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Manual Labor: Diego Rivera Paints New York City

The big man arrived in New York just as the town was going bust, sliding into the Great Depression, yet the city maintained its frenetic pace of building anyway. He saw everything with his big eyes, so uncannily large that his flamboyant wife suggested they allowed him as an artist to see more. The occasion of the visit by Diego Rivera, the Mexican muralist, was his retrospective (1931-32) at the Museum of Modern Art, a young institution then housed in the Heckscher Building at 730 Fifth Avenue and which offered its second-only solo retrospective to Rivera, the first being to Henri Matisse.

For the MoMA exhibition, Rivera created new murals, complicated in their execution, portraying power relationships in revolutionary Mexico. After the exhibition opened, he painted three more murals inspired by New York. Excited by the experiment in the Soviet Union, Rivera trained his eye on the industrial worker and the dazzling built environment of this new city. At the same time, he was also trying to suck up to Junior, meaning the prominent capitalist John D. Rockefeller, Jr., who was building the giant center in the middle of town.

Diego Rivera. 
Frozen Assets. 1931-32. 
Fresco on reinforced cement in a galvanized-steel framework, 94 1/8 x 74 3/16 in (239 x 188.5 cm).
Museo Dolores Olmedo, Xochimilco, Mexico 
© 2011 Banco de México Diego Rivera & Frida Kahlo Museums Trust, México, D.F./Artists Rights Society (ARS), New York

In a gallery on its second floor, the Museum of Modern Art has brought together five of Rivera's eight "portable murals" from its 1931-32 show, supplementing them with drawings, watercolors, prints, and ephemera for a well-rounded fascinating new exhibition. Rivera is a potent figure to reintroduce to a politicized New York art public, especially in light of his own preoccupations with Wall Street capital, a stressed labor force, an economic system in crisis, and a city literally socially stratified above and below ground. An international artist, Rivera sought to ennoble Mexican peasants, the new Soviet proletariat, and workers of more advanced industrial countries across their respective and irregular boundaries of economic development. His visit to New York City afforded him the chance to witness and to portray the industrial workers of the world's most advanced economy.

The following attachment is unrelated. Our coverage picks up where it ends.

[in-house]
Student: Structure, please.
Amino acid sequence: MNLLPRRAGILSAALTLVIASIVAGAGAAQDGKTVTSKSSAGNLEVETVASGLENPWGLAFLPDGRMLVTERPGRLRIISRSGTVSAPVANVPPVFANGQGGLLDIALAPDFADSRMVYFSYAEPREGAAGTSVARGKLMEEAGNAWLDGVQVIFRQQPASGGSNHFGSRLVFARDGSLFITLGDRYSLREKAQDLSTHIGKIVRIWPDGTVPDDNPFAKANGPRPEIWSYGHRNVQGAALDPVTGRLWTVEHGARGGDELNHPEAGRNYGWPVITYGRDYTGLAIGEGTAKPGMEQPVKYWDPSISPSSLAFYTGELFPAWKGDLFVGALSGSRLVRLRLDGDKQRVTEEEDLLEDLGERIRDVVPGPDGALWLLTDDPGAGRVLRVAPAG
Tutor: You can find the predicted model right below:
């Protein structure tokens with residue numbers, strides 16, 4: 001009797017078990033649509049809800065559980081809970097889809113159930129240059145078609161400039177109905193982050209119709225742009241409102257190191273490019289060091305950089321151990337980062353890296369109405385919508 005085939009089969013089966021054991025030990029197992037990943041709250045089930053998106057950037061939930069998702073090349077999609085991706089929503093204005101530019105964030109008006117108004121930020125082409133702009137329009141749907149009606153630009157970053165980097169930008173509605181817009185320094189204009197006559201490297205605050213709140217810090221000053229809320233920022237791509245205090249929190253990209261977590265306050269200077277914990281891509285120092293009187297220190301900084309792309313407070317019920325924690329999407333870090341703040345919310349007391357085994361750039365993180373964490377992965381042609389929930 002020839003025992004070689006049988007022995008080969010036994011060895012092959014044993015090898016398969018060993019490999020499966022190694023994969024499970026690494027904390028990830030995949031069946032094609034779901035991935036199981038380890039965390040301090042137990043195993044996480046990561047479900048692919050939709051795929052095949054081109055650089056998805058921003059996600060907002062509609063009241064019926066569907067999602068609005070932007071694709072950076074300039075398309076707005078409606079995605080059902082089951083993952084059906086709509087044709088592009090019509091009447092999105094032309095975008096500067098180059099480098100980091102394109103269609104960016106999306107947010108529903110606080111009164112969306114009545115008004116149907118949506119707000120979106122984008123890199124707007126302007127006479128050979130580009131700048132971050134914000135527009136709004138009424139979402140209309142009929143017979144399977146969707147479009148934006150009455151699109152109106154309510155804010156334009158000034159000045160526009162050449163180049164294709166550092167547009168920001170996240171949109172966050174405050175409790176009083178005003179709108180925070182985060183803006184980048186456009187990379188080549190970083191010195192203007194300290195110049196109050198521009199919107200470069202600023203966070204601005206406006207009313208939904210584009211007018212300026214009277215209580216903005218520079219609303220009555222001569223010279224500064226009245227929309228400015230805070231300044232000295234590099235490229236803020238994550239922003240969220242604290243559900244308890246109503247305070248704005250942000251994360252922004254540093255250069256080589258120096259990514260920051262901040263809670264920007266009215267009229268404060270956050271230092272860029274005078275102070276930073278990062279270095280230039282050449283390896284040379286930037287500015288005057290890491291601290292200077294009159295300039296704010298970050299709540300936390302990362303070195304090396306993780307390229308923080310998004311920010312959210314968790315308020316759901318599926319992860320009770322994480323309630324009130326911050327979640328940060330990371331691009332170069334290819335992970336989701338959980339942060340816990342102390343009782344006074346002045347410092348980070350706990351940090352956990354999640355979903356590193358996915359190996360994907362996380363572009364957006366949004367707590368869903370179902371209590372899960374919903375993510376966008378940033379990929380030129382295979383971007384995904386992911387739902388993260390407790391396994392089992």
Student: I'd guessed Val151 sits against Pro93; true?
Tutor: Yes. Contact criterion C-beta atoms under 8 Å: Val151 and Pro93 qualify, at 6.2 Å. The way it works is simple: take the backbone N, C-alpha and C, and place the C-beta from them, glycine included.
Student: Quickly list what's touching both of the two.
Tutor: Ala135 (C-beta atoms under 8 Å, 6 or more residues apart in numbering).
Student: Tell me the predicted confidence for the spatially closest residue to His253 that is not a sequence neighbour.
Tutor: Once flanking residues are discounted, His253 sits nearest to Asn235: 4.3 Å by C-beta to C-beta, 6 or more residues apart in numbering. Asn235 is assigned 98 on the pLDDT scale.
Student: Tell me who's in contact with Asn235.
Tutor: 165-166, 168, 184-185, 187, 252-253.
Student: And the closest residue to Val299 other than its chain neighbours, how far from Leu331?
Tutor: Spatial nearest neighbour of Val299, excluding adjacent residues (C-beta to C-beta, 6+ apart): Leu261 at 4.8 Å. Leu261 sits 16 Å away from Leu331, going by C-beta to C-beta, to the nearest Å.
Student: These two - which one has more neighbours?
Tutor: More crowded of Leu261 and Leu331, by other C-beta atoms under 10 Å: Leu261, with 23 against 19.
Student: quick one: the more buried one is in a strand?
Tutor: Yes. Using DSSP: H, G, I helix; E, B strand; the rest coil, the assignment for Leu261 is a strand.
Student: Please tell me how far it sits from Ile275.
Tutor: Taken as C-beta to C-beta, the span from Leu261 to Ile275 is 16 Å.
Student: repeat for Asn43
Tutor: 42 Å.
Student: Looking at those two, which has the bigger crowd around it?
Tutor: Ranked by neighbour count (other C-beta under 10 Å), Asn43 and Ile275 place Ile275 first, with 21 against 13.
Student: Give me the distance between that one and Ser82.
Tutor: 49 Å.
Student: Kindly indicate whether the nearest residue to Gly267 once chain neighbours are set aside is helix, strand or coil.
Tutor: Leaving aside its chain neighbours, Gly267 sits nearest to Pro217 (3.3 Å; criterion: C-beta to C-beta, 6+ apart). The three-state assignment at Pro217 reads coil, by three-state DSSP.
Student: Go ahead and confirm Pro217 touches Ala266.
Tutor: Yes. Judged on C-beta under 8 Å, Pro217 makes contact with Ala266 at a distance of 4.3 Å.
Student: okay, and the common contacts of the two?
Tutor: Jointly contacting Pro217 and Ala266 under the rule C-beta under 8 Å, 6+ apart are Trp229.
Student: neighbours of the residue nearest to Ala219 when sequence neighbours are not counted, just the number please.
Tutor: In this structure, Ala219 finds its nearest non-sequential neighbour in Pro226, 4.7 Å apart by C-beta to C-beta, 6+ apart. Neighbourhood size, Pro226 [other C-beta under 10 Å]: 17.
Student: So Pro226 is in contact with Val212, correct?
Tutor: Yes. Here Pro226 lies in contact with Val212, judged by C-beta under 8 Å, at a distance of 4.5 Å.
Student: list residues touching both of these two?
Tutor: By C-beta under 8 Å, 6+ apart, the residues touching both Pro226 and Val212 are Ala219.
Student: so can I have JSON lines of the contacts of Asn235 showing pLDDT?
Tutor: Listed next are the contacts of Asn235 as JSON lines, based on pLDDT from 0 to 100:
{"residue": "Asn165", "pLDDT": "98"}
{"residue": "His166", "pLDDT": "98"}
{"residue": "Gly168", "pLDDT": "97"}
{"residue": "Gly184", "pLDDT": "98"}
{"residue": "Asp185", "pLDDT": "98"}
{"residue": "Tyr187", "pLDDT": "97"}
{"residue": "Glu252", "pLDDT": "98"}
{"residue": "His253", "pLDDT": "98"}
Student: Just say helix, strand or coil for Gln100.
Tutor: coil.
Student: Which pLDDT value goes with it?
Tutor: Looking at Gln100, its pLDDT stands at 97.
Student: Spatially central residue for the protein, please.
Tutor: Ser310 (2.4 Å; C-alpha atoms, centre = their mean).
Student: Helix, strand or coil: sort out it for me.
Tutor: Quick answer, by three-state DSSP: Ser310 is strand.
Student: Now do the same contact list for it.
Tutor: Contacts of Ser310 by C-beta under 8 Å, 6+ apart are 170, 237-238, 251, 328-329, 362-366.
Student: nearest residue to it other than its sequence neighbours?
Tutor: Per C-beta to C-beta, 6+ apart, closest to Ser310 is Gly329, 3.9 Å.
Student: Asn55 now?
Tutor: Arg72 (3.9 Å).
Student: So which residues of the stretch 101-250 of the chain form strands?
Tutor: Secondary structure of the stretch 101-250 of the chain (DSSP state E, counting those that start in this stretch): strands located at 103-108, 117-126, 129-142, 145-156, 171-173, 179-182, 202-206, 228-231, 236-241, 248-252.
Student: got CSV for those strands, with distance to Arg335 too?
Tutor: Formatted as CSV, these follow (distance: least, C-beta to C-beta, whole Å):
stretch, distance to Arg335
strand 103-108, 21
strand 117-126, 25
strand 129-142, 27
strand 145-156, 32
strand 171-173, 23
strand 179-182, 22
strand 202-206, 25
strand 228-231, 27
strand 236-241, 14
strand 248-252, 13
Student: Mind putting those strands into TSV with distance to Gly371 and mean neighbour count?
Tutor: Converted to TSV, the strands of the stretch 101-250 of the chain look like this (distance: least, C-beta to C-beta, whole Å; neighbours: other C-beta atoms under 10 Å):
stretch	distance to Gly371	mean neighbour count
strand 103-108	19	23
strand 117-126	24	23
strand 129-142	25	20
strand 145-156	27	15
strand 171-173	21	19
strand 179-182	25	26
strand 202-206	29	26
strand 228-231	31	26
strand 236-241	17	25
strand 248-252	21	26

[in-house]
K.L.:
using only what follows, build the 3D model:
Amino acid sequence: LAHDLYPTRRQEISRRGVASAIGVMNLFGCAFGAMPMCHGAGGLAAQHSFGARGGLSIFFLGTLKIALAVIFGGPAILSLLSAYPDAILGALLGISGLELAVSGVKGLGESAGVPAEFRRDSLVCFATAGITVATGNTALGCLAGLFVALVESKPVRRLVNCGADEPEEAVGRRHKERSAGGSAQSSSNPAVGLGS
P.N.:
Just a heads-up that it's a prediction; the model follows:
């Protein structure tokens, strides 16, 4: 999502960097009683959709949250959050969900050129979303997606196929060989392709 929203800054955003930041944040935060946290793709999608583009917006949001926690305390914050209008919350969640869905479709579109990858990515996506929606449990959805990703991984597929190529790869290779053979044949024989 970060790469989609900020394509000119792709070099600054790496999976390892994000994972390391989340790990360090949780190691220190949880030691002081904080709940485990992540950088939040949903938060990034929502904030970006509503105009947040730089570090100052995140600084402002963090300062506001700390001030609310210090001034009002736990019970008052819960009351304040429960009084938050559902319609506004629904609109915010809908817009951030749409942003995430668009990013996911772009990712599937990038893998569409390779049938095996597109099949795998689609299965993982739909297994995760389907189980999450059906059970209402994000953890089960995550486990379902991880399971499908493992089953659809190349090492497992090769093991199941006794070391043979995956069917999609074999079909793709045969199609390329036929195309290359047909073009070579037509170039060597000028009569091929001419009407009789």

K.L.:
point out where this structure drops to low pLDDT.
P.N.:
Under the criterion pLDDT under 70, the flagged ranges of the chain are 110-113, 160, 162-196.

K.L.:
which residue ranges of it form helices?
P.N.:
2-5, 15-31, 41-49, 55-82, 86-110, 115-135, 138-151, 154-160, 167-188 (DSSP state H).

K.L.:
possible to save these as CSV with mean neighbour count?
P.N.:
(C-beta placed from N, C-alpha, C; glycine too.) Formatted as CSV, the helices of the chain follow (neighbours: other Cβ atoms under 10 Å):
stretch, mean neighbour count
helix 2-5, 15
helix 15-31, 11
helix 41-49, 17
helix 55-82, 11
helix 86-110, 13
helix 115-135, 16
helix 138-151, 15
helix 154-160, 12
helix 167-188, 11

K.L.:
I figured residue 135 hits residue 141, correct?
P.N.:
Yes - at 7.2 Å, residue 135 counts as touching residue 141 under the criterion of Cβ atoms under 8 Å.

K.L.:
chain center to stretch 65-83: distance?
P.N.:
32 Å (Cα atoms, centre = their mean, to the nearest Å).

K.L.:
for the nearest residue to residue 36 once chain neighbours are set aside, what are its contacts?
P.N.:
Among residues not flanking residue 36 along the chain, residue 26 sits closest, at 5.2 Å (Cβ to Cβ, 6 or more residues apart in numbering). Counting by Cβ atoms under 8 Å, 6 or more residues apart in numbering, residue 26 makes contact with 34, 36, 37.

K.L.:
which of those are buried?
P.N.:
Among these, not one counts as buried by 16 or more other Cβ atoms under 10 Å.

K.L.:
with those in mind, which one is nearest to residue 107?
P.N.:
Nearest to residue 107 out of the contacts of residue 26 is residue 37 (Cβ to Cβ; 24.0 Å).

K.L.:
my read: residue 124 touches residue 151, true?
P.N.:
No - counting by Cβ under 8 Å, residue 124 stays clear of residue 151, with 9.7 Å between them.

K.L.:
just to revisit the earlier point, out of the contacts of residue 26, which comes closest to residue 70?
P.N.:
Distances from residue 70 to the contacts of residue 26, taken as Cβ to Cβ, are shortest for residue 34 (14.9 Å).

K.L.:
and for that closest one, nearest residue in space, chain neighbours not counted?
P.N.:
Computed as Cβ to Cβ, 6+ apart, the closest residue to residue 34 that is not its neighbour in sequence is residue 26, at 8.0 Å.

Consider the mural splendidly titled Frozen Assets (above)Many artists in the early decades of the 20th century developed a keen interest in speed, power, urbanization, and the city as machine, and Rivera was no exception. They were fascinated by the new complex city of many layers, apparent in the real New York with its dizzying skyscraper race to the skies and the construction of subterranean worlds below. Fritz Lang's film Metropolis of 1927, recently restored with twenty-five minutes of material previously thought lost, depicts a multi-level city where the upper class literally commands the upper strata of society while the lowly lower classes labor at machines in a light-deprived world below ground. Lang's vision, in part inspired by the director's visit to New York, should not be considered a prefiguring of the content of Rivera's conception of the city but simply another manifestation of a shared generational fascination with the mechanisms of the city of the future. Consider also Charlie Chaplin's 1936 comedy, Modern Times, where the Little Tramp mentally breaks down on the assembly line.

When not working out of an empty sixth floor gallery in the Heckscher Building, Rivera made trips around New York City to sketch construction sites, skyscrapers, a Wall Street vault, and the Municipal Pier at E. 25th Street, the interior of which housed sleeping men. Frozen Assets includes a fuller realization of these drawing tours.